Expansion-Assisted Selective Plane Illumination Microscopy Captures Large and Small Biological Detail

Oct 24, 2023
Facebook X LinkedIn Email
Login  Register
Sponsored by
Applied Scientific Instrumentation Inc.
Special Optics Inc.
About This Webinar
Recent advances in tissue processing, labeling, and fluorescence microscopy are providing unprecedented views of the structure of cells and tissues at sub-diffraction resolutions and near single molecule sensitivity, driving discoveries in diverse fields of biology, such as neuroscience. Biological tissue is organized over a scale of nanometers to centimeters. Harnessing molecular imaging across three-dimensional samples on this scale requires new types of microscopes with larger fields of view and working distance as well as higher imaging throughput. Glaser presents a new expansion-assisted selective plane illumination microscope (ExA-SPIM) that leverages technologies from the electronics metrology industry.

These incredible technologies allow the system to provide diffraction-limited and aberration-free imaging over a large field of view, 85 mm2, and working distance, 35 mm. Combined with new tissue clearing and expansion methods, the microscope allows nanoscale imaging of centimeter-scale samples, including entire mouse brains, with diffraction-limited resolutions and high contrast without sectioning.

Glaser also illustrates ExA-SPIM by reconstructing individual neurons across the mouse brain, imaging pyramidal tract neurons in the macaque motor cortex, and tracing white matter tract axons in human neocortex.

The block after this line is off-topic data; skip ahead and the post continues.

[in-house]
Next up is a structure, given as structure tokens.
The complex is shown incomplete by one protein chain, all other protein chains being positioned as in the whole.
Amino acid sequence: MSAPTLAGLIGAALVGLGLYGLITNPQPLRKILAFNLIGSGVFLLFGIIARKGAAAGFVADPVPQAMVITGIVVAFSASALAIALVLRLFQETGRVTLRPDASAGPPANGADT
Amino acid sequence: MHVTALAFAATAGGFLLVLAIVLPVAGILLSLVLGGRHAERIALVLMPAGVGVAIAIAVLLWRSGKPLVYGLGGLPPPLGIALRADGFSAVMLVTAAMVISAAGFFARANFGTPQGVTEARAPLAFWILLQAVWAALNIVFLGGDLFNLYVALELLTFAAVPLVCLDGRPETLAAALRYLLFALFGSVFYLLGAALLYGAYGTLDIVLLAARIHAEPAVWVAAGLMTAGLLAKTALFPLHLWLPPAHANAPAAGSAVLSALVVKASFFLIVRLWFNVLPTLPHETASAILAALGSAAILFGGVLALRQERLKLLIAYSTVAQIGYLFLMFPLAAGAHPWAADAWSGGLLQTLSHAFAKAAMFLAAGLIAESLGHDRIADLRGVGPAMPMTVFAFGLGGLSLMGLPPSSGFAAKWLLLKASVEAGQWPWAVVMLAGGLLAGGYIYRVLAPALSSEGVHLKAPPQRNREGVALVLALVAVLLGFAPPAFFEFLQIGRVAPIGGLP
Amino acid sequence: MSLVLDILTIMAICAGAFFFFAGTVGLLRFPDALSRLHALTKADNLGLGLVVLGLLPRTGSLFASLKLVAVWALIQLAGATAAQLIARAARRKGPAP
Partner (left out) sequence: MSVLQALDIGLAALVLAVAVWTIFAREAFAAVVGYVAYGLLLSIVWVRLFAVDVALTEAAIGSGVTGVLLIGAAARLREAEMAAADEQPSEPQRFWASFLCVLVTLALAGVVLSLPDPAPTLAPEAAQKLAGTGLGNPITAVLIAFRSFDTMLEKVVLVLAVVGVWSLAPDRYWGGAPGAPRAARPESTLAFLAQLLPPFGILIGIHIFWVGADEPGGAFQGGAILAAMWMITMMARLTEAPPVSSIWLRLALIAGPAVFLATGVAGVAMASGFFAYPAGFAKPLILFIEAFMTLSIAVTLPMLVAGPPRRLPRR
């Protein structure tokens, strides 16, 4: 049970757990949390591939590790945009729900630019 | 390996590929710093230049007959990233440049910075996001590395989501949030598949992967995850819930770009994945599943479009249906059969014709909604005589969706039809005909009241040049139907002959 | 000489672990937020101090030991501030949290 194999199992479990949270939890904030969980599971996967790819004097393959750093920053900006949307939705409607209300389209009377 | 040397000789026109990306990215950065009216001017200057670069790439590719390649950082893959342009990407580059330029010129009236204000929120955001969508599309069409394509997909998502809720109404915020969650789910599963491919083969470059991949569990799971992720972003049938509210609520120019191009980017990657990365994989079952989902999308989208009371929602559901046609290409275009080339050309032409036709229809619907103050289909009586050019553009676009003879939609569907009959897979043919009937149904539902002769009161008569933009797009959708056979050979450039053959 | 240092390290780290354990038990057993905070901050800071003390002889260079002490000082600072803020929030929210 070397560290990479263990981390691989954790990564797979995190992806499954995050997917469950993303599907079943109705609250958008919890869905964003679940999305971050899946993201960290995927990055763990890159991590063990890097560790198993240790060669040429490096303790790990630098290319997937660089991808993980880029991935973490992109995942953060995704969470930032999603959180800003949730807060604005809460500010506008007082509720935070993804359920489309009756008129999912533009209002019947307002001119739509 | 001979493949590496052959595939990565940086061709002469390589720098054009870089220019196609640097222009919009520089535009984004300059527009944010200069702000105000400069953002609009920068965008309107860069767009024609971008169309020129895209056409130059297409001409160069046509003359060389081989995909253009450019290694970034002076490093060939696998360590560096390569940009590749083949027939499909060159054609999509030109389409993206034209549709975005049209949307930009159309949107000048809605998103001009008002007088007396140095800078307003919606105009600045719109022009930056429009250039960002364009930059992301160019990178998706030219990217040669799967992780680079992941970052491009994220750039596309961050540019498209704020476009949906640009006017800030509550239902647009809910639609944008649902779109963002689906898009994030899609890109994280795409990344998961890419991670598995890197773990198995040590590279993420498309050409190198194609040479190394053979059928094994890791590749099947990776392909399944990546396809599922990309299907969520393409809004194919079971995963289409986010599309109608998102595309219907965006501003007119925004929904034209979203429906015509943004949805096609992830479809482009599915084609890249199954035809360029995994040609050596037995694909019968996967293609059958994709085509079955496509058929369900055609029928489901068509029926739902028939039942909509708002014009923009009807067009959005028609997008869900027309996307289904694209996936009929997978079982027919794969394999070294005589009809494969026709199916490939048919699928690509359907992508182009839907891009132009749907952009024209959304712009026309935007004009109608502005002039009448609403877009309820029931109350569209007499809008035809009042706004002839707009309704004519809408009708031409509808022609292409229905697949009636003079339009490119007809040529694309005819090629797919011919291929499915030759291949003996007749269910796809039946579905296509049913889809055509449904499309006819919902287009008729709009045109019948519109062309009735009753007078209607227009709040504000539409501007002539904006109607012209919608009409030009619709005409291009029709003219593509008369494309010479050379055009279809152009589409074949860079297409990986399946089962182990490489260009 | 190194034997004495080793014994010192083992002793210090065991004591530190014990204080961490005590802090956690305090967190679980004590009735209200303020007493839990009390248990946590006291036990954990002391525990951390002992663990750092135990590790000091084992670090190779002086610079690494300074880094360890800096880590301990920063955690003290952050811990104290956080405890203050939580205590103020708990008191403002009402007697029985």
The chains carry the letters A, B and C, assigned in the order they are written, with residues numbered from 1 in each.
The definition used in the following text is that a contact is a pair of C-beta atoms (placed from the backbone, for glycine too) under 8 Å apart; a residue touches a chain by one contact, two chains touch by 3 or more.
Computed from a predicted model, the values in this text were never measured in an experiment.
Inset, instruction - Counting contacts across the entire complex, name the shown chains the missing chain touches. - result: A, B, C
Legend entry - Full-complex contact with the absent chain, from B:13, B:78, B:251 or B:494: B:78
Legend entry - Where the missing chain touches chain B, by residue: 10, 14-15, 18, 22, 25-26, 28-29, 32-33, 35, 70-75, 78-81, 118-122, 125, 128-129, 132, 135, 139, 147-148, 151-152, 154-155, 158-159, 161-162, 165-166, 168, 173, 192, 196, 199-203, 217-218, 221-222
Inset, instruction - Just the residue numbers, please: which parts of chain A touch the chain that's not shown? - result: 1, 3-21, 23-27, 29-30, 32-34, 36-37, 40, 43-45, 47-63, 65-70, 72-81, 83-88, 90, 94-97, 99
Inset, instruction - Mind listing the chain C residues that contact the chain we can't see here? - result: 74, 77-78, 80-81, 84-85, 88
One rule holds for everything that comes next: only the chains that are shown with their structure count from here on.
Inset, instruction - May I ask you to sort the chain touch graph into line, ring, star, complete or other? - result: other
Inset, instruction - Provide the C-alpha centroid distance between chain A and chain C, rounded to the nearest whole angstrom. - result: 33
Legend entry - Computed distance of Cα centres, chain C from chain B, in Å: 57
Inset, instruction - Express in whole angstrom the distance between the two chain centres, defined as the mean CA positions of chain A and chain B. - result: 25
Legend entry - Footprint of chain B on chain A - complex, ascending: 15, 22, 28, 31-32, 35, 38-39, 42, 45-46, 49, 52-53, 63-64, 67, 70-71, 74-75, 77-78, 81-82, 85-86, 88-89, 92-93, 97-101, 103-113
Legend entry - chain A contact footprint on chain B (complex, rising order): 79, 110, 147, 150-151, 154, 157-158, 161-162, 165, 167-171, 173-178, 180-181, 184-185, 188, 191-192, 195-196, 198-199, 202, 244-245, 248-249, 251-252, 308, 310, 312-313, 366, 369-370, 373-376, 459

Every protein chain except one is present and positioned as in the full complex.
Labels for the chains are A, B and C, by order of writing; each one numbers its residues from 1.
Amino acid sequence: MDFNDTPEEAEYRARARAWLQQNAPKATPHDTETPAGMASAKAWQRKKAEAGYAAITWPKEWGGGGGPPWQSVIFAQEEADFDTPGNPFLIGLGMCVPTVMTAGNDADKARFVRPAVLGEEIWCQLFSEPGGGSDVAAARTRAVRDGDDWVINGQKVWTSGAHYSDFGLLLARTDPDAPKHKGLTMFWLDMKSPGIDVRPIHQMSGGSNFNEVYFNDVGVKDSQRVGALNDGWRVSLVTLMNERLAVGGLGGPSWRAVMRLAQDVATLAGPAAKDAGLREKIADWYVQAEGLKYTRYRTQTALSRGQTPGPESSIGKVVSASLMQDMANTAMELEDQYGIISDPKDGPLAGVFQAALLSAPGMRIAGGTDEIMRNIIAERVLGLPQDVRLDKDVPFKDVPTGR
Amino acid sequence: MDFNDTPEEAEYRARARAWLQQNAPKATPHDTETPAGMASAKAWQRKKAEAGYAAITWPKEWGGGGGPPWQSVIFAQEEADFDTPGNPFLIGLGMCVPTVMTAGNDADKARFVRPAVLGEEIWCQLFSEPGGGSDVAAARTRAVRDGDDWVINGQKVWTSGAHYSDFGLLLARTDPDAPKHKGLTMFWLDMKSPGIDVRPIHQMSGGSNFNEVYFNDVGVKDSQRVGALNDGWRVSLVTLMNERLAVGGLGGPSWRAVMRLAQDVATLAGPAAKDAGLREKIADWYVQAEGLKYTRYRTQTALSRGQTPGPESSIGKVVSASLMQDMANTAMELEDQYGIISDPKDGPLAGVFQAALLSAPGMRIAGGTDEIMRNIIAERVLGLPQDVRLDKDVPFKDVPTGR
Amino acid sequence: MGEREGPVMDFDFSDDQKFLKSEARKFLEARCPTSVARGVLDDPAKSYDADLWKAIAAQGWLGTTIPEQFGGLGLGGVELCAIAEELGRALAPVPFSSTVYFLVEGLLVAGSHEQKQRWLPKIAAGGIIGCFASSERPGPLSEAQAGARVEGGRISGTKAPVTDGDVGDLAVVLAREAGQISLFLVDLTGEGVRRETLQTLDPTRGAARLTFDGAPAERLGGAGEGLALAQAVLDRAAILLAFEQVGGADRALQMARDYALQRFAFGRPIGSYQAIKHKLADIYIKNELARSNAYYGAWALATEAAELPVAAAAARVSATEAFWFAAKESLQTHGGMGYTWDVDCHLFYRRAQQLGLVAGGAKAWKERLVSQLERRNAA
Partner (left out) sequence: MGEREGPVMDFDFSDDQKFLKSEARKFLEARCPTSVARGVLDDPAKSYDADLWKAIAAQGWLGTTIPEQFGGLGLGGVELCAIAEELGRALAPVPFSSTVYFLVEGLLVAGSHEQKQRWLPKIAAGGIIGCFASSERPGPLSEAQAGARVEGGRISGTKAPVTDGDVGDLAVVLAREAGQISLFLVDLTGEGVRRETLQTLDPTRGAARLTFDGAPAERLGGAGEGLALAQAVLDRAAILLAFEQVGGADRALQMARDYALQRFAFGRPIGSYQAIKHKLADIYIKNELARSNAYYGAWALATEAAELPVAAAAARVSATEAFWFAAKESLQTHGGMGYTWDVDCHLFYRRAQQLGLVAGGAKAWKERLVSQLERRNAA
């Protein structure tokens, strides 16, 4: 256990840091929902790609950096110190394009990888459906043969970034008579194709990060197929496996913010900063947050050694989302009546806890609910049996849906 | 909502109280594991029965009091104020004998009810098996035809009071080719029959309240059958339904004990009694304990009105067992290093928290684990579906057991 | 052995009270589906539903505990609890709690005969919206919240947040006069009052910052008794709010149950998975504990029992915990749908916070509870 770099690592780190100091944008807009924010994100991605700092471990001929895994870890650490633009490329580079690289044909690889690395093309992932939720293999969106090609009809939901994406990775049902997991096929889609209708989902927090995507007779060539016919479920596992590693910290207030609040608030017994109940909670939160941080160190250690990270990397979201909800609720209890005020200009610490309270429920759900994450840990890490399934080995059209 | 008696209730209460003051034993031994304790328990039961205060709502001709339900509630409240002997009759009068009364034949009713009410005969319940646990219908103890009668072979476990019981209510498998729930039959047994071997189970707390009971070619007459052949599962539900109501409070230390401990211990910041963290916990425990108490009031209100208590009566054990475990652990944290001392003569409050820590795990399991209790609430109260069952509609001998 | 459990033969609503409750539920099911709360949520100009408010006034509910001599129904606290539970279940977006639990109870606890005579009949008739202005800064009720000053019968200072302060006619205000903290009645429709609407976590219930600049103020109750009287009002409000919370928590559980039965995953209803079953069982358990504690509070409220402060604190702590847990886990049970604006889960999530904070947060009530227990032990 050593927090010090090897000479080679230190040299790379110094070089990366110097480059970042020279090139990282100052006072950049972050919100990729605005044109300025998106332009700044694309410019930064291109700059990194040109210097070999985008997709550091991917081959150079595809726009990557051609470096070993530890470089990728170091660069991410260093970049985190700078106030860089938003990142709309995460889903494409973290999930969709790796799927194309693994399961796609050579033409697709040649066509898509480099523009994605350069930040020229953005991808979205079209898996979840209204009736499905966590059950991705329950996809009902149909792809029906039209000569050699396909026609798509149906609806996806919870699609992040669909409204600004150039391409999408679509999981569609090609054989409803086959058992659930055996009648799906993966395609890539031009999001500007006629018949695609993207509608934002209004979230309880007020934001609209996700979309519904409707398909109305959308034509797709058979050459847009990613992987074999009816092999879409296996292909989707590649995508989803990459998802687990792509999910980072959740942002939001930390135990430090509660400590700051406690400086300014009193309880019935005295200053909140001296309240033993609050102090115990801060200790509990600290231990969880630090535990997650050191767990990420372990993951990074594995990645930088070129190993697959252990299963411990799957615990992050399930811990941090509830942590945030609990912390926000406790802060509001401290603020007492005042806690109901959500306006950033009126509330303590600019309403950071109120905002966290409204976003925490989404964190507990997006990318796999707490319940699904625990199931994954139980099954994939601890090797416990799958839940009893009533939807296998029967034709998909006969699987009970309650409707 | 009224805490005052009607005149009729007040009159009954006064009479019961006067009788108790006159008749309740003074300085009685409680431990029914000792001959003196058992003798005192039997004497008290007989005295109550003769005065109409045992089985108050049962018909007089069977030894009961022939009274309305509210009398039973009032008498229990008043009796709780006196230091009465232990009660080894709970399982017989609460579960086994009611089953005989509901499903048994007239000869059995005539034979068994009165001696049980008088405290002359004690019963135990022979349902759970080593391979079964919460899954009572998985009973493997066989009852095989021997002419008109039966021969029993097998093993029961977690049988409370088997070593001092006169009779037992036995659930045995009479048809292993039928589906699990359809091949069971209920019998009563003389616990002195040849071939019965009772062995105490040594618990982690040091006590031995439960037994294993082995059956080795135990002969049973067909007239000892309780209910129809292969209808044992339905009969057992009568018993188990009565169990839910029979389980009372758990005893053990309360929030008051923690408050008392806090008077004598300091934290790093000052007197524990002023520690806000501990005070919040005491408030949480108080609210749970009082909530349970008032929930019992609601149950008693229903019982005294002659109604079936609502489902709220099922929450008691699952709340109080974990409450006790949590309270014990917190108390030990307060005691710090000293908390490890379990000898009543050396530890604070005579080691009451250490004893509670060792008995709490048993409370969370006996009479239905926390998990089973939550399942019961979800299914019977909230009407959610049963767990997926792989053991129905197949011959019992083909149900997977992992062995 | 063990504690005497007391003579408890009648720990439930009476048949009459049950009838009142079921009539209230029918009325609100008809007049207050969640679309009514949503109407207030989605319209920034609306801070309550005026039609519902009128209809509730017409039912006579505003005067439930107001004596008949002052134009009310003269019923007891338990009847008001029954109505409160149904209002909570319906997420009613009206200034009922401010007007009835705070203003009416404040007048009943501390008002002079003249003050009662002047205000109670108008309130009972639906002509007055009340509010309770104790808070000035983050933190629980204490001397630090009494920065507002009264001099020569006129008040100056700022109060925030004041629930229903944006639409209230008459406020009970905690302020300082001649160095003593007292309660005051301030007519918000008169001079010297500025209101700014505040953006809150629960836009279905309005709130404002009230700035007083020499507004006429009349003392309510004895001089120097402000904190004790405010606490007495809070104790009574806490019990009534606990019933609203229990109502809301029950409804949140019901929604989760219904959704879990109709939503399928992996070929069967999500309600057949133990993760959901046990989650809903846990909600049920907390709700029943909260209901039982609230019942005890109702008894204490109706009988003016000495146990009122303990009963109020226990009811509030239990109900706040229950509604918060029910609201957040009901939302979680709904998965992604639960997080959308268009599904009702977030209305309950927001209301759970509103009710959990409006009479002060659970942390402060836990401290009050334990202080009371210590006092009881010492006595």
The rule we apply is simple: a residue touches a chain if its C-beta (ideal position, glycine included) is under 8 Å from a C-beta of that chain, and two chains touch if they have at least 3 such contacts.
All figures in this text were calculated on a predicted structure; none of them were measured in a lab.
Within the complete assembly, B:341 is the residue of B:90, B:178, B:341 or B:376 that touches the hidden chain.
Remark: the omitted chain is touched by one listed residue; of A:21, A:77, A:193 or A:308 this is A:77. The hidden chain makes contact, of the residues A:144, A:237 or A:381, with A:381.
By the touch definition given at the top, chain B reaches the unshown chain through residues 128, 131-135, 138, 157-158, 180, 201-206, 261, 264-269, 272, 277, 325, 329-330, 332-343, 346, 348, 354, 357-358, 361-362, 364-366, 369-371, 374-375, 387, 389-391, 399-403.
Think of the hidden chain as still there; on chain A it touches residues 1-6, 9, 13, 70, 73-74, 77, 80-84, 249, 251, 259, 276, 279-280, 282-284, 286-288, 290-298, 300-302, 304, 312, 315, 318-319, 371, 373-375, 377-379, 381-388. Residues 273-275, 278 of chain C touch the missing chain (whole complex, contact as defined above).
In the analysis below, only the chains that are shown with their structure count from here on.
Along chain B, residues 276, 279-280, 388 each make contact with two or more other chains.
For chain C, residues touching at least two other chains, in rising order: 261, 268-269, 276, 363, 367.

*** This presentation premiered during the 2023 BioPhotonics Conference. For more information on Photonics Media conferences and summits, visit

About the presenter

Adam GlaserAdam Glaser, Ph.D., joined the Allen Institute for Neural Dynamics in 2021. He works in the multi-scale molecular neuroanatomy group, focusing on developing hardware and software tools for large-scale imaging projects. Prior to joining the institute, Glaser worked as a postdoctoral research associate in the Department of Mechanical Engineering at the University of Washington, where he is now an affiliate assistant professor. There he worked in Jonathan Liu’s laboratory, leading the development of open-top light-sheet microscopy systems for three-dimensional clinical pathology. He earned his doctorate in engineering sciences from Dartmouth College in 2015, and Bachelor of Science degree in mechanical engineering from Tufts University in 2010.
MicroscopyBiophotonicsillumination microscopynanoscale imaging
We use cookies to improve user experience and analyze our website traffic as stated in our Privacy Policy. By using this website, you agree to the use of cookies unless you have disabled them.